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Modeling Tees and Manifolds in Networks

[+] Author Affiliations
Gerald A. Schohl

Tennessee Valley Authority, Norris, TN

Paper No. FEDSM2003-45245, pp. 2779-2786; 8 pages
doi:10.1115/FEDSM2003-45245
From:
  • ASME/JSME 2003 4th Joint Fluids Summer Engineering Conference
  • Volume 1: Fora, Parts A, B, C, and D
  • Honolulu, Hawaii, USA, July 6–10, 2003
  • Conference Sponsors: Fluids Engineering Division
  • ISBN: 0-7918-3696-7 | eISBN: 0-7918-3673-8
  • Copyright © 2003 by ASME

abstract

Rigorous modeling of combining and dividing flow through tees improves solutions for steady and unsteady flow in pipe networks dominated by tee losses and in pipe networks, such as navigation lock filling and emptying systems, where distribution of flow through a manifold is of interest. Every tee has two flow paths with different loss, or tee, coefficients for each path. Rigorously modeling a tee means varying the tee coefficients with the split in flow through the tee and accounting for changes in velocity head in each flow path. The general purpose computer code TFSIM provides diverging_tee and converging_tee components for rigorous modeling of tees in pipe networks. A manifold with relatively few branches or portholes can be modeled as a header pipe with a series of tee components spread along its length. However, this approach becomes impractical for manifolds with many, perhaps hundreds, of branches. TFSIM provides diverging_manifold and converging_manifold components that model multiple, identical tees in one component. Several of these manifold components distributed along the length of a header pipe can be used to represent a manifold with hundreds of physical branches. Discharges predicted using manifold components agree closely with those predicted using individual tee components for every branch.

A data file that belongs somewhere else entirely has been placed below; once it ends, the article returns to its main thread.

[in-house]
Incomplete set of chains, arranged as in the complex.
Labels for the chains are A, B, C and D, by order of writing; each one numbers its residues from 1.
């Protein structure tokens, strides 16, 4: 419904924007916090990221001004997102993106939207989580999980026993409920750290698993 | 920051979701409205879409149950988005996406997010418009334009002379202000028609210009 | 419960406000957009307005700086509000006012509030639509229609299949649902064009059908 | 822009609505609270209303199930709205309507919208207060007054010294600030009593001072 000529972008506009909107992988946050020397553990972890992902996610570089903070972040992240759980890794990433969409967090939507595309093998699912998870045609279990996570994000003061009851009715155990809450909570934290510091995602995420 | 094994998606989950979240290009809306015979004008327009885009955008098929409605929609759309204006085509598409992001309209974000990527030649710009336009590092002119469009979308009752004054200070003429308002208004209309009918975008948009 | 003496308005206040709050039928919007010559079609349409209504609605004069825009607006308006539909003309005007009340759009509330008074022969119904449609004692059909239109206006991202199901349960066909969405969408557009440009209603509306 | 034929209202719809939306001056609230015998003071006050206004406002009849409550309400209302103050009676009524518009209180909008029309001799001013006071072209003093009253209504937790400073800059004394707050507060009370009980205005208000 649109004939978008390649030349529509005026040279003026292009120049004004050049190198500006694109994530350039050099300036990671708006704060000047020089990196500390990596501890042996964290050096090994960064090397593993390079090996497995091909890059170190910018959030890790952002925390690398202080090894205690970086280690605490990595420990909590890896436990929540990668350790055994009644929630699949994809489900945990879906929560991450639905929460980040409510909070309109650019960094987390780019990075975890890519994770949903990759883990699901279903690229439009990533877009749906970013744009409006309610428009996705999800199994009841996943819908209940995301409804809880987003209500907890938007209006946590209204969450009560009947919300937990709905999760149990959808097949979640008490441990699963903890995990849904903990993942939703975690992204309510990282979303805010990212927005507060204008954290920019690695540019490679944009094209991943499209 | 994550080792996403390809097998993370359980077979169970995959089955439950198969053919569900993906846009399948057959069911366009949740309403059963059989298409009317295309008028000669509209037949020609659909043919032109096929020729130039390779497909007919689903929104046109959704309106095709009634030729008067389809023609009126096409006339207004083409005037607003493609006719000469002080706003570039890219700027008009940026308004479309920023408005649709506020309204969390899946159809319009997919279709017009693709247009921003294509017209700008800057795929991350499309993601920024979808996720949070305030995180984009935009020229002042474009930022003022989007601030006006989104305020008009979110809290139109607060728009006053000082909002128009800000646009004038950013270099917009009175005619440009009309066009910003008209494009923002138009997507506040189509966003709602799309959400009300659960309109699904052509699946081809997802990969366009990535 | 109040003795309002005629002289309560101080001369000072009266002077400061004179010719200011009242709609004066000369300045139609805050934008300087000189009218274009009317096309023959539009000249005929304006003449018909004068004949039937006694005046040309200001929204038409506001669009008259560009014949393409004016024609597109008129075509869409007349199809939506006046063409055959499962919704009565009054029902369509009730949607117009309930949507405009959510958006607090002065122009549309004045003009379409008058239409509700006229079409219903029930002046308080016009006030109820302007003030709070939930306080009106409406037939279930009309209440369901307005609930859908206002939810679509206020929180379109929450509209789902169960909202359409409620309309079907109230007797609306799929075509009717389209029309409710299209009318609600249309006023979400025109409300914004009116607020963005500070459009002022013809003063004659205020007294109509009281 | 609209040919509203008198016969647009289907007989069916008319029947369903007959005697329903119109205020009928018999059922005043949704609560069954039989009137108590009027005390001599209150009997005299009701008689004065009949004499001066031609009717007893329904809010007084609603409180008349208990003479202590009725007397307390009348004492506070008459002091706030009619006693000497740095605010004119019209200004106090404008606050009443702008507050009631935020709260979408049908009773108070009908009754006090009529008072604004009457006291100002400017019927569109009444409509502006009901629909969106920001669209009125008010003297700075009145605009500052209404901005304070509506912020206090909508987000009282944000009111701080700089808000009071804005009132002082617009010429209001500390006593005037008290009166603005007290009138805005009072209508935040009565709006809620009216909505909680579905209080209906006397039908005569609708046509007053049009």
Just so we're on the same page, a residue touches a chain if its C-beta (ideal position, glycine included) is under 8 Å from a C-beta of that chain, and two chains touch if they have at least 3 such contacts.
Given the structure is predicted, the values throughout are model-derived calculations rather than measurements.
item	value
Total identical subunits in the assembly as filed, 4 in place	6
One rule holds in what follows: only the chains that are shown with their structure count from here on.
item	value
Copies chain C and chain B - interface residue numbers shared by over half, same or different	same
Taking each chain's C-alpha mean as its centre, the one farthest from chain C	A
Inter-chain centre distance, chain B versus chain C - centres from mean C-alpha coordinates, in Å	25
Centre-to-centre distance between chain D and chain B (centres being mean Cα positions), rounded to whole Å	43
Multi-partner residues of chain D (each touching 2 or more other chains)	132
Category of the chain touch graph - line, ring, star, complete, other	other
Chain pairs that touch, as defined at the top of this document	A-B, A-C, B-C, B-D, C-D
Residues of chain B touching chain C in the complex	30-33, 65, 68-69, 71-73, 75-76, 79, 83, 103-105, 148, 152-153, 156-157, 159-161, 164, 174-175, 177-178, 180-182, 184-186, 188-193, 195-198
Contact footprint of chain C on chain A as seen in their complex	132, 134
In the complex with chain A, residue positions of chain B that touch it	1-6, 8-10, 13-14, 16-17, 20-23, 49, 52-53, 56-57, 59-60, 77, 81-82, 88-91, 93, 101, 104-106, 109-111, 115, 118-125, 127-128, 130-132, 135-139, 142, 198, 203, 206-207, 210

Copyright © 2003 by ASME

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